Now you can let go of the barrel and add the washer then the nut to the thread of the barrel. You will need a large socket to tighten the nut.


Now comes the only tricky part, fitting the catch. The catch only has two bolts one either side to hold it in place. The catch will need to be aligned up to the barrel bar which is flat on either side. Make sure the latch is over and vertical. I previously sprayed the catch a metallic silver for detail before I started any fitting work.

With the catch in place fit the bolts and tighten up. The adjustment is made on the fitting in the trunk. In theory you shouldn’t have to touch it, a simple job that finishes the back of the car.


About this point as I was finishing up Adam popped in and said that he was taking Jack on a well deserved trip to the local fun fair. I volunteered myself to start on the rear quarter windows. The only thing Adam advised was don’t do anything up as it will need to be adjusted regardless. I opened up the glass and the main frame that bolts inside the rear quarter. The multi compartment box that I keep my nuts and bolts in from each section suddenly looked daunting. The sides were marked up left side and right side obviously, but dozen bolts and brackets. I checked the fittings of the bolts to the winders and that accounted for four of them. The three larger bolts would hold the frame, that still left loads. After fitting the frame and bracket in place my memory wasn’t good enough refit the rest without a prompt.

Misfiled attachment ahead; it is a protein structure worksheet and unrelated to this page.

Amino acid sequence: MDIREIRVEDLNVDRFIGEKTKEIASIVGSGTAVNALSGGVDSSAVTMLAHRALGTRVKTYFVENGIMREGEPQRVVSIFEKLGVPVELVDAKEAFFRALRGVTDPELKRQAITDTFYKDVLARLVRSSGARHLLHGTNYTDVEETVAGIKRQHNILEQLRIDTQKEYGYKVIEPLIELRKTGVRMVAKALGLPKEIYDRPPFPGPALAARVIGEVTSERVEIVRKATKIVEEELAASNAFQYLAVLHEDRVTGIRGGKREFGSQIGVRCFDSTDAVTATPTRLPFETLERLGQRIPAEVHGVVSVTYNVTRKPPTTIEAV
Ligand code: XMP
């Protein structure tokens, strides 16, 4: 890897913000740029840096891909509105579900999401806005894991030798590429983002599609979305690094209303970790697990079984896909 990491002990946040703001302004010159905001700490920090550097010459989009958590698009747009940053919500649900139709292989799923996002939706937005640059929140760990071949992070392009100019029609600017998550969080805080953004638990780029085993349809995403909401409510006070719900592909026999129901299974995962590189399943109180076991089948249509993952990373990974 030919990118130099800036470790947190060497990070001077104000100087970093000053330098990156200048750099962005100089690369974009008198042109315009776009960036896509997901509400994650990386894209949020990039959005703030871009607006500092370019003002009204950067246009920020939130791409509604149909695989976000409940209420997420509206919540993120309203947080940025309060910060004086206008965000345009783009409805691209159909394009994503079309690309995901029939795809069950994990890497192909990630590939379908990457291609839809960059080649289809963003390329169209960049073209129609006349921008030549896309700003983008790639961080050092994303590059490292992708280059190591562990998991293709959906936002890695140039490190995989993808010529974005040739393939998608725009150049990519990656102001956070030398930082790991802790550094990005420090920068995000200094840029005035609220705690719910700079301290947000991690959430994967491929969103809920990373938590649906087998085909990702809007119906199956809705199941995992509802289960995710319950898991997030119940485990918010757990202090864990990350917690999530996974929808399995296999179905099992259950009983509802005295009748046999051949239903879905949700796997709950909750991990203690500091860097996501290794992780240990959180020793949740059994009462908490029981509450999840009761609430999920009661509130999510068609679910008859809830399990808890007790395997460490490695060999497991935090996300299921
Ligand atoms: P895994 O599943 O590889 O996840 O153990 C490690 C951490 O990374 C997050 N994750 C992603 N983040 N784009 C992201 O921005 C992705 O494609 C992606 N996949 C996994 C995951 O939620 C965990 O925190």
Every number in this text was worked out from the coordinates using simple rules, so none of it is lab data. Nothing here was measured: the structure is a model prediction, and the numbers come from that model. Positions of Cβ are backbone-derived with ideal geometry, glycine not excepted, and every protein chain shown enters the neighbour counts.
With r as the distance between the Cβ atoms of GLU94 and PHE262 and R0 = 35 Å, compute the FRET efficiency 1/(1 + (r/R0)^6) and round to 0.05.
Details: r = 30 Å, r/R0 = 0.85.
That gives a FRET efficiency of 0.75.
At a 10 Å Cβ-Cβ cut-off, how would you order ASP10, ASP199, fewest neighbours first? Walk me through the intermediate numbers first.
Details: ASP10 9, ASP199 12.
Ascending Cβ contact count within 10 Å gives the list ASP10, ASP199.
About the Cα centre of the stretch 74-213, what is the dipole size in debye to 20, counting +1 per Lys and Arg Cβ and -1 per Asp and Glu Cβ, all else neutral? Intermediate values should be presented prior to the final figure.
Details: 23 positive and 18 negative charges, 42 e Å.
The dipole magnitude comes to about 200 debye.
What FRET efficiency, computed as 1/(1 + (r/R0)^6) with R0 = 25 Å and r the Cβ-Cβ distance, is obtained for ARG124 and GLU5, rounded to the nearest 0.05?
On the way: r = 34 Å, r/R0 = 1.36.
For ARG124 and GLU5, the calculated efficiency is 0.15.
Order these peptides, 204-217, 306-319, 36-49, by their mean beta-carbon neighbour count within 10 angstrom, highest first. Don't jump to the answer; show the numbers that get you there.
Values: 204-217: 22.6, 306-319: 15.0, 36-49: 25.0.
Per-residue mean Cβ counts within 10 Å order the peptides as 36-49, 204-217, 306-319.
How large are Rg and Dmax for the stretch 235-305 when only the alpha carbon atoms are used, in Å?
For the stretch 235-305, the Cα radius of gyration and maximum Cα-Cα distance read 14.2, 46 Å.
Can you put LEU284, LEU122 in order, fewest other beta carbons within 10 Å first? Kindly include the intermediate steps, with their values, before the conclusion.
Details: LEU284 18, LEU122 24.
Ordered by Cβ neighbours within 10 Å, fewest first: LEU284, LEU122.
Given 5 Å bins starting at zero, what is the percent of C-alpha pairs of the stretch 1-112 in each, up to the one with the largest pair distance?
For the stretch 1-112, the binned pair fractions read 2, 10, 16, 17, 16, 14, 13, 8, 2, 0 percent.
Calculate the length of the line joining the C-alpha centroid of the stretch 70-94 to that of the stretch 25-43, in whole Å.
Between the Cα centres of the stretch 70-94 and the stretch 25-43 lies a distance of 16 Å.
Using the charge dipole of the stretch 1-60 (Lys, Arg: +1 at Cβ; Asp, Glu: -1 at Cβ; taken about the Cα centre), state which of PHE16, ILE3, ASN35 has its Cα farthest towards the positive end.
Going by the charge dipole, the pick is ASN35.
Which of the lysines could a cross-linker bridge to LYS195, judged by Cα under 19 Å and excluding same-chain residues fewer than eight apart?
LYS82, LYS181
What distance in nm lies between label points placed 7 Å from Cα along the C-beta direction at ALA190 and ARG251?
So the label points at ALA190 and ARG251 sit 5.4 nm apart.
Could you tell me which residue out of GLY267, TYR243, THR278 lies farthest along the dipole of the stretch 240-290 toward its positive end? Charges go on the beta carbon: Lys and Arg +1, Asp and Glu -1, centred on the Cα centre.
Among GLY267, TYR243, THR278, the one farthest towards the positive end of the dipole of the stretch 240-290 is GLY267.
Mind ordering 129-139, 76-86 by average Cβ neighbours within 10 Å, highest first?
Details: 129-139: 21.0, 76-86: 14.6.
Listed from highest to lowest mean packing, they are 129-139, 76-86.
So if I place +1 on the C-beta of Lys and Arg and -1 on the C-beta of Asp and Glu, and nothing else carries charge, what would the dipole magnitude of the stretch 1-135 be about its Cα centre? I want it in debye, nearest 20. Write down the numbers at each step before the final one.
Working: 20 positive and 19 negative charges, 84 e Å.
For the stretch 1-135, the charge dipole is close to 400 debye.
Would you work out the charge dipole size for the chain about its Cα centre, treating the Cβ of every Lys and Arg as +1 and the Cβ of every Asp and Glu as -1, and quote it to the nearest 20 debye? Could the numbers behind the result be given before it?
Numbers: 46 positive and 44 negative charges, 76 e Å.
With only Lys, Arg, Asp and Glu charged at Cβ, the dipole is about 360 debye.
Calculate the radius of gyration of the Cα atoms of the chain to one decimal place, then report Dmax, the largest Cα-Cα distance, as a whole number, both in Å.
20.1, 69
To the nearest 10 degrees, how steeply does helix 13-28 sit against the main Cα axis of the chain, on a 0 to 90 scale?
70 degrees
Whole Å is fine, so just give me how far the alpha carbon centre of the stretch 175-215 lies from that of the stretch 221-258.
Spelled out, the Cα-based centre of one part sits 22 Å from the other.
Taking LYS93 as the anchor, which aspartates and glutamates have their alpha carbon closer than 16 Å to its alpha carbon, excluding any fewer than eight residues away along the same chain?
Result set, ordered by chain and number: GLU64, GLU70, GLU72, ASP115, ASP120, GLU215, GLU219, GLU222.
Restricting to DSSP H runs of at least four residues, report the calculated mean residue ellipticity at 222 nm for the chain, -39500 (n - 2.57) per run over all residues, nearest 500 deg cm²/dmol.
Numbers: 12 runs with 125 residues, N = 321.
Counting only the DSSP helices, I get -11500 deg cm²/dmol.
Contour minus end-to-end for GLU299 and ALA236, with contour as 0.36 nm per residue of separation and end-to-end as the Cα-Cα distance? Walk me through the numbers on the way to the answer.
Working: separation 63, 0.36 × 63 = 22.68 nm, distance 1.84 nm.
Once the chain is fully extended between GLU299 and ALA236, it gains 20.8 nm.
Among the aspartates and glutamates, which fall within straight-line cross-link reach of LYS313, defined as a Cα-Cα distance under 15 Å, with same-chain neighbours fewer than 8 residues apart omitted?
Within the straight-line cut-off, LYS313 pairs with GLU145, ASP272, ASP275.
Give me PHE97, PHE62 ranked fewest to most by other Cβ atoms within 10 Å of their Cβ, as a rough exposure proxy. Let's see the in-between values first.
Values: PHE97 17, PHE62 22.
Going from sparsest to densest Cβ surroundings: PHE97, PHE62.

Hang on a minute I am working in an Aladdin’s cave of cars here. So I took the torch and scouted for a car with the inner quarters exposed with the glass in place. I didn’t have to go far as there was a convertible without the side panel in place. I could get a good view of the parts where they went. The only trouble was, in what order did they go? I fitted all sorts of things to the window fitting itself and tried to slide it into the rails. Nope, it don’t fit. So I had to take the bits of then fit the window and try again. Numerous trips to the convertible later I started to come back to me. Adam as ever seems to have this sixth sense of the Calvary arriving when you need them. He told me the rubbers needed to be replaced and told me to remove the old one. A single screw that allowed the rubber to slide along the edge retainer part of the window. Once refitted we tried the glass and in it popped. Adam then noticed that the runner wheels were the old style and told me they were brittle and need to be replaced. Only two each side so that was not a problem. Except the pins, these had to be pulled out to release the rollers. a good pair of long-nosed pliers sorted that out. I removed the pins from the news ones and Adam started laughing. He told me to put the pin back in. I protested that “the pin…”, he cut me short and just said press it over. The leading edge chamfer of the pin would open the clip and allow it to clip in place at the bottom recess. Two seconds later “click” it was in place. I held my head in shame and laughter. ALL this time I had removed the pins and refitted the pins like a good boy, I didn’t need to. Why doesn’t anybody tell you these things in books? Still we managed to get the windows in and fit the remaining rails pretty pain-free after that. Then it was repeat the other side. By the time we had finished it was about time to go home. I was well chuffed (here’s that word again Debbie!) with the days work.


The windows wind up, and windows wind down fine, and all relatively easy considering there was very little grease at this point. The right hand side will need adjustment more than the left side as it’s very close to the bodywork. Once the trims are fitted the window will not move freely. But, for now I have a car with some more glass in it and it looks like a car again and not just a pretty coloured shell.


Who knows what next week has to offer? but I am looking forward to it regardless though. 🙂

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Just A Shell